9. Zorns Lemma by Hollis Frampton
The second film of Hollis Frampton’s on this list is also quite simple. The film is an hour and is the absolute example of cinema being a pattern to discern. Images of signs and books flash before the screen with words that begin with each letter of the English alphabet, in succession. This pattern repeats itself over and over as words beginning with each letter of the alphabet are found in different parts of the city Frampton lived.
Gradually, certain words beginning with particular letters of the alphabet cease to be found. This is when Frampton introduces images to replace certain words. Eventually, the entire 26 word English alphabet is replaced with images from the world. Language has been transformed into cinema.
It can be tough to sit through a pattern that one knows will repeat over and over until a given running time has commenced, but this is Frampton again stripping cinema down. This film is a lesson in structure, how it exists in any sequence of images.
10. Out 1 by Jacques Rivette/ Suzanne Schiffman
This titanic work from iconic French New Wave filmmaker Jacques Rivette is quite a task to watch and describe. The film is the longest of this list at over 12 hours long (found on Netflix) and vaguely follows two separate acting troupe’s as they rehearse and rehearse and go through acting exercises without any intention of performing for an audience asides from themselves.
At the same time, a deaf-mute named Colin, played by Jean-Pierre Leaud, begins following a string of clues that indicate to him a secret society may be in operation. And, at the same time, a con-woman named Frederique, played byJuliet Berto, also begins following clues that lead her down a path of discovery.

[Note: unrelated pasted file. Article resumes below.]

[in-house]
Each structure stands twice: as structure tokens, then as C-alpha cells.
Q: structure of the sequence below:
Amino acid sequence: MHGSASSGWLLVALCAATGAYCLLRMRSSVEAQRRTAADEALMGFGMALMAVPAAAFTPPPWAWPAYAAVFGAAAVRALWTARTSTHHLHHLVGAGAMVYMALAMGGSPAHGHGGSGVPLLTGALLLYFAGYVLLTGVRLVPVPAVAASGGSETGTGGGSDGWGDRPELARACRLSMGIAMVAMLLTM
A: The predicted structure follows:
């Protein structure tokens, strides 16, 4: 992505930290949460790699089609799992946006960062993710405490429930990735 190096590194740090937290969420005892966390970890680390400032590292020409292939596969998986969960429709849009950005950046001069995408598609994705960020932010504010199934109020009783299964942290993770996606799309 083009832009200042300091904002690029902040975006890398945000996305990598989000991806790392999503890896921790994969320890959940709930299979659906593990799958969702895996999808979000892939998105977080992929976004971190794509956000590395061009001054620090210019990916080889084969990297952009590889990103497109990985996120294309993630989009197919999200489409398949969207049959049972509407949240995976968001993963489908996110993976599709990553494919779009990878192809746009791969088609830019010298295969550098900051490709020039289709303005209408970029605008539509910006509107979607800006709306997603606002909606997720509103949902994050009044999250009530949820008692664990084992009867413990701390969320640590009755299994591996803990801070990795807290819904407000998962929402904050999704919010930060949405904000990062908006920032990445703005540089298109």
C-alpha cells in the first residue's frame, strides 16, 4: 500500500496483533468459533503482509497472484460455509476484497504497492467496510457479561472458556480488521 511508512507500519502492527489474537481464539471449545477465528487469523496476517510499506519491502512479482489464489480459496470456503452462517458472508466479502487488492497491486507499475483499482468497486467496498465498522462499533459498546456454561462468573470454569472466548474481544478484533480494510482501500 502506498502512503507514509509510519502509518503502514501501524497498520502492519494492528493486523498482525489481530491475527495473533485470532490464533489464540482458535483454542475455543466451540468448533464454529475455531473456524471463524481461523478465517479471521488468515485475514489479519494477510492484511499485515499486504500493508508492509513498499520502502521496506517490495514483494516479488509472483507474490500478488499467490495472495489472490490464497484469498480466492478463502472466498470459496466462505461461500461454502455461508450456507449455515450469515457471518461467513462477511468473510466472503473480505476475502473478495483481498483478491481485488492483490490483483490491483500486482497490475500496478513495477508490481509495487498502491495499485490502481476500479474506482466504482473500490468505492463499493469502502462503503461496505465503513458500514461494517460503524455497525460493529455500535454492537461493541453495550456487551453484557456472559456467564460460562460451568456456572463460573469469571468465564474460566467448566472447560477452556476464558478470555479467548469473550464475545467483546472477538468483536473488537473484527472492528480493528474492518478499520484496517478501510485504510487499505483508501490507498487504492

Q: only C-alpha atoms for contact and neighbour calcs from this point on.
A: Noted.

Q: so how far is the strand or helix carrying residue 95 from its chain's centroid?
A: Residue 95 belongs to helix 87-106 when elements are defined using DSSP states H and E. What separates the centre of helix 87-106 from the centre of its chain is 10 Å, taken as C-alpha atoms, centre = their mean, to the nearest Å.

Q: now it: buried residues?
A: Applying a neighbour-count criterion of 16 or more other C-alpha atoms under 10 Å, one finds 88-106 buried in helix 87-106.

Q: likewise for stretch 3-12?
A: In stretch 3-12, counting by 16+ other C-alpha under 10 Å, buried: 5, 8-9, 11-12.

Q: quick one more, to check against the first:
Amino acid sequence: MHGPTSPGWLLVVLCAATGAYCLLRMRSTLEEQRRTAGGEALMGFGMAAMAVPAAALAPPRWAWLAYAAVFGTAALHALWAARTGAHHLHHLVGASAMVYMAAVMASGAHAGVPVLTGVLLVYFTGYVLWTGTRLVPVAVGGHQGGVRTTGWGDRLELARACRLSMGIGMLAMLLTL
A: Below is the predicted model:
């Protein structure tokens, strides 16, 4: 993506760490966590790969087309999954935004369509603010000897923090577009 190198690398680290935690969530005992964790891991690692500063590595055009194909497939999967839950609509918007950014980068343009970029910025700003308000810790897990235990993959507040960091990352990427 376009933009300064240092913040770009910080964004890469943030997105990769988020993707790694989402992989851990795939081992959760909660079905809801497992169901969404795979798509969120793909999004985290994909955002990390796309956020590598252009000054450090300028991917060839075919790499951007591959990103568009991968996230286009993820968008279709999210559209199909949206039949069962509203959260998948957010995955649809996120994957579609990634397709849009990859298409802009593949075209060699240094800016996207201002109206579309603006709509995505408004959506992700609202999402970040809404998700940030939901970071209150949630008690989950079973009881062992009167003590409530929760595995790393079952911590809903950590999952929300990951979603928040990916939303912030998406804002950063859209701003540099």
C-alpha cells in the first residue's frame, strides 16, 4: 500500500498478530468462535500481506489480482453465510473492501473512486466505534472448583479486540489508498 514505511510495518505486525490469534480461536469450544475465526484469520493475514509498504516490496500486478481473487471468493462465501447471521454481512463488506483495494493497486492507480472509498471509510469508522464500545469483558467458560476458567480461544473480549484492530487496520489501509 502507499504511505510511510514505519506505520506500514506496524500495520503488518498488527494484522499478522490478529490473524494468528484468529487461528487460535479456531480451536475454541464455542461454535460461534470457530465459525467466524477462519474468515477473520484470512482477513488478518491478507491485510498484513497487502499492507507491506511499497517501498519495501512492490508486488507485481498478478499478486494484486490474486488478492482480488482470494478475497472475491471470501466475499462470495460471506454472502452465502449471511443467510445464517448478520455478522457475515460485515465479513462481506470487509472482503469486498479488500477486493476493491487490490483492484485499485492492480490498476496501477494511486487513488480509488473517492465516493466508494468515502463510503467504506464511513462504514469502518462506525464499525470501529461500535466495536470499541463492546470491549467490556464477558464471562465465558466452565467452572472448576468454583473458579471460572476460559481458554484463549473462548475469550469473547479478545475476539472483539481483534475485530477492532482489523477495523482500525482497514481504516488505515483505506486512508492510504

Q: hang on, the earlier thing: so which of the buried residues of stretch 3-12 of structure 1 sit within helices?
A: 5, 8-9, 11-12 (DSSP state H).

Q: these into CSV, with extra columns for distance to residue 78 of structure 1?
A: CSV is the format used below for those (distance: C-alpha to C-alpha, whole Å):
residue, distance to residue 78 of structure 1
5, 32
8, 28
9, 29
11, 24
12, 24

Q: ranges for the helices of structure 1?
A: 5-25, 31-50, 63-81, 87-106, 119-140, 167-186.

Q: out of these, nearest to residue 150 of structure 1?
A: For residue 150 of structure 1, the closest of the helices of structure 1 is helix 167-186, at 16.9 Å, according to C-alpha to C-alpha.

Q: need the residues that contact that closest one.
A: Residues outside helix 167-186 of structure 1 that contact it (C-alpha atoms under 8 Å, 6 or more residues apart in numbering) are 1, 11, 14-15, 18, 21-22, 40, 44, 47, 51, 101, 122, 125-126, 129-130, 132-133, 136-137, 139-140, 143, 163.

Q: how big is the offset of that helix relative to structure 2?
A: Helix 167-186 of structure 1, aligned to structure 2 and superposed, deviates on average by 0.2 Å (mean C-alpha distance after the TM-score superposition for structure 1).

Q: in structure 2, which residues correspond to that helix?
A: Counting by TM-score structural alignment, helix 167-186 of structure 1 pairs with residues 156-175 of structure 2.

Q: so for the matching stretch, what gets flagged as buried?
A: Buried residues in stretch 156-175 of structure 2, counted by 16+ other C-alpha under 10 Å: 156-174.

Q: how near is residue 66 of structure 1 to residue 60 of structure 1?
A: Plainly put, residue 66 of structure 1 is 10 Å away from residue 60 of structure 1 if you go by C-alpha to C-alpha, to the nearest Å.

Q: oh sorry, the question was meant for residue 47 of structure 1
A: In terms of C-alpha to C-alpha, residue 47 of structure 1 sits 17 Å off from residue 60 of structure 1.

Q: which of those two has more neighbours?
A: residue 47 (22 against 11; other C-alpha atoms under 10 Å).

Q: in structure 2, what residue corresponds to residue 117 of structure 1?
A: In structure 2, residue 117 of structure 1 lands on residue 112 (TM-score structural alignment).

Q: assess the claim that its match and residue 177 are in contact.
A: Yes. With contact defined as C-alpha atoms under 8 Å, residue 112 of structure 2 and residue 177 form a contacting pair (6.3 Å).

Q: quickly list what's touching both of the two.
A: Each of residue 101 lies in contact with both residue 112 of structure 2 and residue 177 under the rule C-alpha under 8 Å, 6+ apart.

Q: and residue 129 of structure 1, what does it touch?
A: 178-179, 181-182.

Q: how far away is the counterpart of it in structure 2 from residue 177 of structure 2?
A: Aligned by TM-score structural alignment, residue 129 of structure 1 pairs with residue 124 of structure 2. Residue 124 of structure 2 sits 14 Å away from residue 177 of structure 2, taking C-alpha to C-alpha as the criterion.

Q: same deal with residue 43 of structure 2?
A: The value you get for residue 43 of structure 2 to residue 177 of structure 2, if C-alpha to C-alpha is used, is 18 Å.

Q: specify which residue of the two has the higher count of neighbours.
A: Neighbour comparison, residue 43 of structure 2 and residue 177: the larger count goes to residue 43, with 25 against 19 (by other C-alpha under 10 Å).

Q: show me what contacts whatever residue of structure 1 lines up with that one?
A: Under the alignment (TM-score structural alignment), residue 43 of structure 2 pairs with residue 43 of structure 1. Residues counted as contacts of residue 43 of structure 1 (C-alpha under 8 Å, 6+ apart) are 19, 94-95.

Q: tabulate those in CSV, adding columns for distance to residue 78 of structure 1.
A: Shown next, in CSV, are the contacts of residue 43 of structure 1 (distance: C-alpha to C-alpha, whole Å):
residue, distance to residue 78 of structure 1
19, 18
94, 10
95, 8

The film is an exercise in extreme patience as it’s clear the acting troupe, along with the deaf-mute and the con-woman, are all searching for something. Exactly what they are looking for is a matter that takes hours of the film’s running time to get to.
Cinematic narrative practically does not exist on a canvas of this size and in its deliberateness, Out 1 shapes into one of the most rewarding and confounding experiences a film viewer could go through.
11. Emperor Tomato Ketchup by Shuji Terayama
Avant-garde artist Shuji Terayama put together a prolific career of creating all sorts of art including making many short and feature films. Like his other films, Emperor Tomato Ketchup is a highly unique film vision that defies an easy description.
The film is about a world in which children have taken over and adulthood has become a crime. This is made clear through the voice-over which describes the stresses of living under these conditions as absurd imagery floods the screen of children soldiers policing the streets, rounding up adults.
One of the distinct traits of Terayama’s cinema is the bold use of a dominant color over his images. A vignette of sorts opens the film seeped in green, as images of young men flexing their muscles are cut together with images of clocks, a woman ritualistically dancing, and an ominous, ambient theme plays over the juxtaposition.
Terayama is similar to Anger in that he mixes images with music or sound and disconnects what is on screen from what is being heard, so diegetic sound does not exactly exist.
12. Jeanne Dielman, 23 Commerce Quay, 1080 Brussels by Chantal Akerman
A more obvious film to populate a spot on a list like this is of course Chantal Akerman’s legendary film. The film has received plenty of acclaim over the years and rightfully so, it is revolutionary.
It is about Jeanne Dielman, a widow that maintains her routine as a housewife over the course of three days, depicted in a running time that is over 3 hours 20 minutes . On top of cleaning and cooking she has men over and sells her flesh for cash. Over the course of three days in her life an indisputable tension begins to build, a craving for Jeanne to escape the monotony of her regimented prison.
The film is a brutal examination of routine, of entrapment within a given schedule, as well as entrapment within the frame of a movie screen. Akerman is one of the pioneers of cinematic art in that she proves her characters are trapped, they are images on an unmoving screen. No camera movement occurs in Jeanne Dielman and it is exactly through staticity does a need to escape arise.
13. The Travelling Players by Theo Angelopoulos
From the Greek legend comes a vast and impressive work in which historical eras come to combat one another on the screen. The film can be described as about an acting troupe that gets lost in time, coming face to face with Fascists, Nazi’s, and Communists of eras existing through a 20 year time span.